Recovery: Part 2—Nutrition

By Damon Leedale-Brown, Sports Scientist & Conditioning Specialist

In the previous issue we introduced the important concept of recovery from training and competition and initially looked at a series of simple physiological strategies that are used by elite athletes and can be applied by any level of player. In this issue we will look at aspects of recovery linked to nutrition and hydration.

Most of us have some understanding of the importance of eating and drinking before training or competition. However, what seems less understood and valued is the critical role that post-exercise nutrition plays in recovery from training and competition stress, and the impact post-nutrition strategies have on our ability to perform consistently well in subsequent sessions.

EAT WELL After a hard training session or match there is a “window of opportunity” within the first 30-60 minutes of recovery when your body is most receptive to replenishing carbohydrate (energy) stores in the form of glycogen in the muscles. You may see many athletes using specific recovery powders and drinks at this time, and the benefit of these are that fluid-based products can often be easier to consume immediately post-training as opposed to solid food.

Eating well after a match can play a valuable role in later performance. One sports nutritionist Leedale-Brown worked with recommends two bananas and a half liter of milk.
Eating well after a match can play a valuable role in later performance. One sports nutritionist Leedale-Brown worked with recommends two bananas and a half liter of milk.

Glycogen is your key energy nutrient for high intensity exercise and some of you may have experienced the sensation of glycogen depletion which, in running, is known as “hitting the wall.” It has been shown in research that combining carbohydrate with protein in the first two hours after training has a more powerful effect on the body’s insulin response (than carbohydrate only), which leads to a higher rate of glycogen recovery and storage in the muscles. A recommended balance is a carbohydrate to protein ratio of approximately 4:1, or four grams of carbohydrate for every gram of protein.

The protein taken in at this time can also play a valuable role as it helps to provide some of the amino acids needed to rebuild muscle tissues that are damaged as a result of intense exercise. In addition, it has been shown that certain amino acids in protein can stimulate the immune system, which can help to provide better protection from colds and infections. One sports nutritionist I worked with simply recommended two bananas and a half liter of milk as an excellent recovery meal!

DRINK WELL Squash is an intense sport placing high demands upon the body and can result in high levels of fluid and electrolyte losses from the body. Individual sweat rates will vary and some of us are definitely heavier sweaters than others! One English professional player from a few years ago was known to have to change shoes during matches because they would get so saturated with sweat! Another World ranked player I worked with during an event in Malaysia lost over 4kg in body weight (or the equivalent of four liters of fluid) in only 80 minutes of play.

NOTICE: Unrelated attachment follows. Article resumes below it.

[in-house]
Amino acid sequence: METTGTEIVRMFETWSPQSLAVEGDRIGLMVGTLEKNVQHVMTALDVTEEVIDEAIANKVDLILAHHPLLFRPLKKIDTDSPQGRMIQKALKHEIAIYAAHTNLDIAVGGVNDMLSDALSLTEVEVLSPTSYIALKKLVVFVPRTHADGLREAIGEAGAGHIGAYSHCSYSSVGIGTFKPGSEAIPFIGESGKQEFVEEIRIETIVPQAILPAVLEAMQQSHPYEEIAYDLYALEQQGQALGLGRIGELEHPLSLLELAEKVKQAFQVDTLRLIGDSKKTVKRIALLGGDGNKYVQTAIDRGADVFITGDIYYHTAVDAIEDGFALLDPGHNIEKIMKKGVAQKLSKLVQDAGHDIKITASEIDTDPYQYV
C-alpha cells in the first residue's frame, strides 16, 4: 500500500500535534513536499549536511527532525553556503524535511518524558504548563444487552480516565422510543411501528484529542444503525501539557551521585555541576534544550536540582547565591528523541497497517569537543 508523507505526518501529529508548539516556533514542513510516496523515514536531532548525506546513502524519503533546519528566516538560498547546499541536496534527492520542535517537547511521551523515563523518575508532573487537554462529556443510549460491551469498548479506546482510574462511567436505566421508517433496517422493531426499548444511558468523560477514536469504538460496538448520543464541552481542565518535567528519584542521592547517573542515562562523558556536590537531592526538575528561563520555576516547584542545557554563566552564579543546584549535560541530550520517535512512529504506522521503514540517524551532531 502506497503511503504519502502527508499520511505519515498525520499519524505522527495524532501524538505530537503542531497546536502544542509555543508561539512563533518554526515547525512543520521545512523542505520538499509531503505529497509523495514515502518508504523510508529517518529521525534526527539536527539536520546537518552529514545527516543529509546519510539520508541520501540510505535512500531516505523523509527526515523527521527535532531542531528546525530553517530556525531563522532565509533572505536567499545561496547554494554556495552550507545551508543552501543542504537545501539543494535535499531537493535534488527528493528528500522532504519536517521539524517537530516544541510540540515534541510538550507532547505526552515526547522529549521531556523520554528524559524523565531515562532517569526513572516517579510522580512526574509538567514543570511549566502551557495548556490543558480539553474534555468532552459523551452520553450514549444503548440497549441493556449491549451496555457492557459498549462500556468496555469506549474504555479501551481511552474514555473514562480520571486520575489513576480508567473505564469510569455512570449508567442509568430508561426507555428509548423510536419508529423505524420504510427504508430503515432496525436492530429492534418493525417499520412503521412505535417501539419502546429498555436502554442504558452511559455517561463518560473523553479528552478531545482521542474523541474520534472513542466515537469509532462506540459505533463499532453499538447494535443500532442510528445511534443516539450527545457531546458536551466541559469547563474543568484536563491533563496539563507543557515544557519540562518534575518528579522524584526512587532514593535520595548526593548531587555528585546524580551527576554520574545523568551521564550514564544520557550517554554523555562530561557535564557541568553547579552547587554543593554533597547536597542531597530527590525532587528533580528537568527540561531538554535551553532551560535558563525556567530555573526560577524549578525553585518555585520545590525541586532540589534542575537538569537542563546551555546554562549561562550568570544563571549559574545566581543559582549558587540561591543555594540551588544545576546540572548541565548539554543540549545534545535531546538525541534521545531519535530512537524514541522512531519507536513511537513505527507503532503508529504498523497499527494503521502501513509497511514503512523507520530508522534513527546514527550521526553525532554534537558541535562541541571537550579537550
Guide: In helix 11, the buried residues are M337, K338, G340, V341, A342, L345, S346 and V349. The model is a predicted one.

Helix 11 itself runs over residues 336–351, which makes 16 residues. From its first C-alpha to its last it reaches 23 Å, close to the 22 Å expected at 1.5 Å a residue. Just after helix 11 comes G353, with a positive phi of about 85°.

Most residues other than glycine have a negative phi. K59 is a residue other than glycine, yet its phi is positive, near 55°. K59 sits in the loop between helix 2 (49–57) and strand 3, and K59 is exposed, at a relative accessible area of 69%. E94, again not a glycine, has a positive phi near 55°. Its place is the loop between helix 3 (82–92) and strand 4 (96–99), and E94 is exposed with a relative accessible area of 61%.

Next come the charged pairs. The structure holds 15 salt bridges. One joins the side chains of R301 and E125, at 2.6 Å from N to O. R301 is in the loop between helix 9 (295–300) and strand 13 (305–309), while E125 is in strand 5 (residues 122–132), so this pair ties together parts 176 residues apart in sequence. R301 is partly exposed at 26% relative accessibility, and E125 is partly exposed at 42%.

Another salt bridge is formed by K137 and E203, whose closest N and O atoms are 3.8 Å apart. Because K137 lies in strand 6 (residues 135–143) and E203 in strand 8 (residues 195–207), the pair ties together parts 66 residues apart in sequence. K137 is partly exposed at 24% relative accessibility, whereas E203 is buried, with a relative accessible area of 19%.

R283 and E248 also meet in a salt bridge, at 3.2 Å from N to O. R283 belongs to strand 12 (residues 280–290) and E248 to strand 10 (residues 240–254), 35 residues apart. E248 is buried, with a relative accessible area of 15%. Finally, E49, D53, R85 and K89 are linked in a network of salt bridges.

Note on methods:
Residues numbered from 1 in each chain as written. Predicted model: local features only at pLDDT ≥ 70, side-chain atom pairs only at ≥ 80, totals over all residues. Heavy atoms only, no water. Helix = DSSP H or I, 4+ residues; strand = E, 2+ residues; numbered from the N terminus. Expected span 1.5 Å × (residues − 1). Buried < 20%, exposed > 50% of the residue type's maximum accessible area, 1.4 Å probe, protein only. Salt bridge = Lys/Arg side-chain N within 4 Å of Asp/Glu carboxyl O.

During my work with England Squash we would assess fluid loss during major championships by weighing players before and after matches, and also noting the amount of fluid a player had consumed during the match. We found average sweat rates in the male players of around 2-2.5 liters/hour and in the female players around 1.5 liters/hour.

The amount of fluid you lose in a match or training session cannot be replenished by drinking the same amount in recovery; our bodies are simply not that efficient. For every liter of fluid consumed, our bodies will only retain around 40-60% which is why it is also crucial that we do not start a match or training session poorly hydrated.

Generally speaking the best choice of fluid for hydration is still water. Without a doubt this is definitely far superior to some of the pre-made so called “sports drinks” that I have seen many junior and adult players use during tournaments in the US—these are typically nothing more than sugar (High Fructose Corn Syrup) and chemicals! Good quality sports drinks typically come in a powdered form, have a higher percentage of complex carbohydrates (not sugars), and an appropriate balance of electrolytes such as sodium, potassium and magnesium. They can play a role in helping replace electrolytes lost in sweat during an extended training session or match, and begin the process of replenishing carbohydrate stores in the period before an athlete is ready to consume solid food.

Hopefully this article has given you insight into the importance of nutrition and hydration in recovery, and applying some simple nutritional recovery strategies can be a key to unlocking your best training and competition performances, and more importantly repeating them time and time again.